Effective docent training must make docents aware that their primary responsibility is to teach others how to learn from the collection, not what to learn. In order to accomplish this, docents need to know how learning takes place, how to encourage observation and reflective consideration, as well as how to magnify their audience’s interest.

Are Docents Teachers?

Museums, historic sites, zoos, botanical gardens, aquariums, nature centers, and other cultural and scientific organizations are usually defined as “not-for-profit, educational institutions.” Almost all declare their educational intentions within their institutional mission statements.

Nearly without exception, docent programs fall under the realm of an institution’s department of education. Volunteer or paid docents are engaged as educators, in order to teach visitors because their institutions recognize that many visitors do not arrive at their doors equipped to learn from direct contact with the collection. In addition, many of these institutions are obligated to provide educational assistance to the public because they solicit financial support from public sources with the promise that some of the monies provided would be used to assist citizens gain a greater understanding of, and appreciation for, the objects, artifacts, or specimens exhibited.

It was no coincidence that the very first issue of The Docent Educator (Autumn 1991) was titled “The Docent as Teacher.” Nor was the name of this publication created capriciously. Whether they do so well or ineffectively, yes, docents do function as educators in their role with the public.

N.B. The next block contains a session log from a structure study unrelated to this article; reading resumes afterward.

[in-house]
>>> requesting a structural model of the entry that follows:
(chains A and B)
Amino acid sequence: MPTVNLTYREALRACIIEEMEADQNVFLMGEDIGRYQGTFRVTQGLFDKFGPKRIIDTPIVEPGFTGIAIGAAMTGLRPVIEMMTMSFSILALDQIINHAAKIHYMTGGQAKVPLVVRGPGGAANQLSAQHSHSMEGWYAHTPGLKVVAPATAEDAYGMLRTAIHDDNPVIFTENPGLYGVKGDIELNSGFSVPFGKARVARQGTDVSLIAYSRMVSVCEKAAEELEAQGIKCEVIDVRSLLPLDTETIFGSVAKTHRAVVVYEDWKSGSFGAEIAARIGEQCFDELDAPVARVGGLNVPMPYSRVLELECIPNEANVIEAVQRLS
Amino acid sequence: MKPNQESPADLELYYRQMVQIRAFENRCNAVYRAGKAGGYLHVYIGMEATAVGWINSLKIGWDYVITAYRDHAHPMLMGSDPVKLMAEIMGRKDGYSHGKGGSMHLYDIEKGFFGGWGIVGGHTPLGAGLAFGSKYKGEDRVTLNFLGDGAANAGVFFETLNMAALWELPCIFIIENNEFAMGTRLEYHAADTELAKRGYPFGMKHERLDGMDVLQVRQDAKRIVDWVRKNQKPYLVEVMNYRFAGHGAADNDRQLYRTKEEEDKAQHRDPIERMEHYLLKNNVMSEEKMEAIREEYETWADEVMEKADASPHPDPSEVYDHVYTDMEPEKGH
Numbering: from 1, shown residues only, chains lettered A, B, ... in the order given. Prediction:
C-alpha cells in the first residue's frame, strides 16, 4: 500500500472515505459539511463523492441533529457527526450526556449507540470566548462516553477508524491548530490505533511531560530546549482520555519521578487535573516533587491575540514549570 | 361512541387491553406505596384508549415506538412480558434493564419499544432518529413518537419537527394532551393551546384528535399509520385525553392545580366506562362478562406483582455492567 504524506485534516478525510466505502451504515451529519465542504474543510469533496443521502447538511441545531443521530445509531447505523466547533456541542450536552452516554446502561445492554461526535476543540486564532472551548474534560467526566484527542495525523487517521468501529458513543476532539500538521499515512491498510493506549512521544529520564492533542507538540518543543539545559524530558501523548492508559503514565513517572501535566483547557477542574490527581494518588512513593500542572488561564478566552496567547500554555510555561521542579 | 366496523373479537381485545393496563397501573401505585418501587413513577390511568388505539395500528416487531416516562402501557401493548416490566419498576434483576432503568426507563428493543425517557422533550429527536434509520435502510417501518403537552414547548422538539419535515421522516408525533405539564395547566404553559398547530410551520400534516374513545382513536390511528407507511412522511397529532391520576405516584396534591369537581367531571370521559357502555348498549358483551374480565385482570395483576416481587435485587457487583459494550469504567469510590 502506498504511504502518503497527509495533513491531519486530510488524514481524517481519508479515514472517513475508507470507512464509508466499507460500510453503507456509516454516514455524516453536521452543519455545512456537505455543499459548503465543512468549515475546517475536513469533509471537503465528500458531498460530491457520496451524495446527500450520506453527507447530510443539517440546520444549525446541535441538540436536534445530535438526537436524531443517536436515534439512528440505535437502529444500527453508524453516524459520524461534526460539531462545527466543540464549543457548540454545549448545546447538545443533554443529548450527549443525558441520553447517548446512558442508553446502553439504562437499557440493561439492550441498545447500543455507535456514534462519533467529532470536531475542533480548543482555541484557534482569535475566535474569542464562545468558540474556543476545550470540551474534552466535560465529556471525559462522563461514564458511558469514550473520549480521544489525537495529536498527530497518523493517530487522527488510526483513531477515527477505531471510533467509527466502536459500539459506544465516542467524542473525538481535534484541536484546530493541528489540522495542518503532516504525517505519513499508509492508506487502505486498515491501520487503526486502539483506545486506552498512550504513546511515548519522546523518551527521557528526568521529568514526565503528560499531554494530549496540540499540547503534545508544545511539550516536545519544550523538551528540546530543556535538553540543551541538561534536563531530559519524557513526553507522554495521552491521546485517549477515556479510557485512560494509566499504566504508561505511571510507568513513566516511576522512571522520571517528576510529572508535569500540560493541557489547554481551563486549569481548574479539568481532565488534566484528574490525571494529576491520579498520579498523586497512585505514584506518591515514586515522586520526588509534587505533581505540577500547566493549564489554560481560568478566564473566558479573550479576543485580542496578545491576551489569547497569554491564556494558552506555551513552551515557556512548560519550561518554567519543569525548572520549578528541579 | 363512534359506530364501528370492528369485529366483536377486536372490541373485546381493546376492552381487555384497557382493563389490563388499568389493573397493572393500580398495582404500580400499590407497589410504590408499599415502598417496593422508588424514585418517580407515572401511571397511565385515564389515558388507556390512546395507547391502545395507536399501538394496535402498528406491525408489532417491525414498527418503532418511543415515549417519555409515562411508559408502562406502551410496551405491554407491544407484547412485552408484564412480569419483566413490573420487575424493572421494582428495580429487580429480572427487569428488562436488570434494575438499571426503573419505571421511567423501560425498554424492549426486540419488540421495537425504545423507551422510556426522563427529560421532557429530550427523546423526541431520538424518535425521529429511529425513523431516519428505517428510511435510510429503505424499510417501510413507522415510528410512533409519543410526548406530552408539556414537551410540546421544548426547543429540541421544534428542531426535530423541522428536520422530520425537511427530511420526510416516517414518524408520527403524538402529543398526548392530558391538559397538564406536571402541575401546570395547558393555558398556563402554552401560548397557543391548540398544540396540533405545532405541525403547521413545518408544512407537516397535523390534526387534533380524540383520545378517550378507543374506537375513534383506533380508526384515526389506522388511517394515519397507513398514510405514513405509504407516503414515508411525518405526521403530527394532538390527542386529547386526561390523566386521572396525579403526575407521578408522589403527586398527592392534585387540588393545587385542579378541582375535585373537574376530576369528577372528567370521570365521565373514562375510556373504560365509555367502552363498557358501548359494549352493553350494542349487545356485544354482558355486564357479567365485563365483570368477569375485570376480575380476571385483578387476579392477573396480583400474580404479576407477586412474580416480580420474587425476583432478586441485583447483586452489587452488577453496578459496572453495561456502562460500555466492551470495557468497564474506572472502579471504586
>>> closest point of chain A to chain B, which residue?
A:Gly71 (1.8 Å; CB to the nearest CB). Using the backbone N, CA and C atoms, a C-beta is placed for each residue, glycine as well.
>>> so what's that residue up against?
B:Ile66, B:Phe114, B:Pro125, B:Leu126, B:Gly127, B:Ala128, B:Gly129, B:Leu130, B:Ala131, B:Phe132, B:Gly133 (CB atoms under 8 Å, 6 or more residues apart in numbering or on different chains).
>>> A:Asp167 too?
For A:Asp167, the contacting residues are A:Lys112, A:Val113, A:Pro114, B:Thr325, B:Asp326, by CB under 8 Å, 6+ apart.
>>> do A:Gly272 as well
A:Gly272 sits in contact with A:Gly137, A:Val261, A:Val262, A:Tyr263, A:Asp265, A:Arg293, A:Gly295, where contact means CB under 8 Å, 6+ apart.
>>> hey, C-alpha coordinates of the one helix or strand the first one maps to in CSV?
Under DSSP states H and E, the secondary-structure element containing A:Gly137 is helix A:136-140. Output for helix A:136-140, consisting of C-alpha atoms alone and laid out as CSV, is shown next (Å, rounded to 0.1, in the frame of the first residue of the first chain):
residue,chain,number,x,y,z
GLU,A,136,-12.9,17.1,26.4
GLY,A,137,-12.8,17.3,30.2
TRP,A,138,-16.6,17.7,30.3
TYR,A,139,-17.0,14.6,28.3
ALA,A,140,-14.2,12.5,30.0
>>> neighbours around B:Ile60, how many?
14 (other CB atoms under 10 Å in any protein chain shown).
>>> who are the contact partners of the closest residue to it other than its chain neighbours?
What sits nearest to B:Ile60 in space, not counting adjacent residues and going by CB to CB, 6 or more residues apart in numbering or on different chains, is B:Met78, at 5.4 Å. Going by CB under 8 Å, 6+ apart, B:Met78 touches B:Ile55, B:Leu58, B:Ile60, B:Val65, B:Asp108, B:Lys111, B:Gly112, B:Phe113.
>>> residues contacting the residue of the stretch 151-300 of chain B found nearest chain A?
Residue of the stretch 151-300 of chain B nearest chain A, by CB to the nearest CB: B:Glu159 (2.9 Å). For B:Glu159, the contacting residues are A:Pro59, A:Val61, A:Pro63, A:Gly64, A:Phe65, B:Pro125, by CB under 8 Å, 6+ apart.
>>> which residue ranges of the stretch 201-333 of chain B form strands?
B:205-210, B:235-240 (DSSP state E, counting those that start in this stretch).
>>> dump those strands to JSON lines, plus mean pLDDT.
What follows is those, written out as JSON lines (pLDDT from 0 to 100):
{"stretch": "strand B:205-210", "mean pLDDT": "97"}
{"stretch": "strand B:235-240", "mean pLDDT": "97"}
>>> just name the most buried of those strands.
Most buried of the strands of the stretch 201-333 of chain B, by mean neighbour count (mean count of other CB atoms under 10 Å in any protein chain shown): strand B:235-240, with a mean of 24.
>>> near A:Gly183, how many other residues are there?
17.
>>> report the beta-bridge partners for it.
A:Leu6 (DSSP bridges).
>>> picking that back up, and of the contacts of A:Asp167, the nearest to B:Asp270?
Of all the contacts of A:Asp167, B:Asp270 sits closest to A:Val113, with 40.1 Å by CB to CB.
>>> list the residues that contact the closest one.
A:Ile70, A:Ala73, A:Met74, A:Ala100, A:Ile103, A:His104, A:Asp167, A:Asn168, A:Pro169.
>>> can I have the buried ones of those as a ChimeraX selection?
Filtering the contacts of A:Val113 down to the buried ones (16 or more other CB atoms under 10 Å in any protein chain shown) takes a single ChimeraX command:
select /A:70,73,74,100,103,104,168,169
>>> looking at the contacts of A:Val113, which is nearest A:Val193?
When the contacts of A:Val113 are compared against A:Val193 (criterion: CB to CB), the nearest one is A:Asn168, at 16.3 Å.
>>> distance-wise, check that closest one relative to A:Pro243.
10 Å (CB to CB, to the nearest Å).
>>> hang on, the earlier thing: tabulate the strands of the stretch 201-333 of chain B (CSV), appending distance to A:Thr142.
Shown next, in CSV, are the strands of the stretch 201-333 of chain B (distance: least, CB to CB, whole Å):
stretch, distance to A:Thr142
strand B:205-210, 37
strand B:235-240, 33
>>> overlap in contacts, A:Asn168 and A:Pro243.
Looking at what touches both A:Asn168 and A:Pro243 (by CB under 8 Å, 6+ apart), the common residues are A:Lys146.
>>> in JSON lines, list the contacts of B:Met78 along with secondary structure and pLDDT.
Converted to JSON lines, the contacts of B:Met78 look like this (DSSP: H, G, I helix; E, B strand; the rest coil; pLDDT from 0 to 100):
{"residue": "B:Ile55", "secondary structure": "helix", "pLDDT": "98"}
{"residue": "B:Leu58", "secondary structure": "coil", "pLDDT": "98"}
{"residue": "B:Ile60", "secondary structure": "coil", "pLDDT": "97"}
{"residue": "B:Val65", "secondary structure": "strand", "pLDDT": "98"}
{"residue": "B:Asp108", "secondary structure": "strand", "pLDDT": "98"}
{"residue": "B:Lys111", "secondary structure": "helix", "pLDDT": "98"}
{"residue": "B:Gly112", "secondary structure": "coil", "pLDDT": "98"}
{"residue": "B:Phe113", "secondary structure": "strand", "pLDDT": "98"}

Education is a Content Area

If the adage “those who can, do; those who can’t, teach” is true, it may explain why good teachers seem to be such a rare commodity. Teaching isn’t easy, and it most definitely is not just a matter of retelling information learned. Teaching is both a talent and a field of study unto itself

Allow me to present a simplistic example. An effective teacher knows how to reach his audience. If you teach children like adults you will lose them; if you teach adults like children you will insult them. Now for the not-so-simple part . . . what, precisely, are the appropriate differences in methods one should employ when teaching children and how do they differ from those used when teaching adults? And, to take this concern a step further, what differences are significant within the category of “children.” Should all children be taught in the same manner? Are second graders like fifth graders, like eighth graders, like twelfth graders?

Effective training for docents cannot focus on subject matter content and expect that “the rest” will take care of itself Docent training must also address educational content. Such “weighty” issues as the following are essential training for an educator: lesson planning, the construction of educational goals and objectives, cognitive development and age graded lessons, questioning strategies and other techniques to encourage audience involvement and active learning, child development and psychology, vocabulary, body language, and other skills of communication, methods for accommodating special needs and disabilities, flexibility and appropriate methods of behavioral control, the impact of learning styles, and methods of evaluation and revision to name but a few.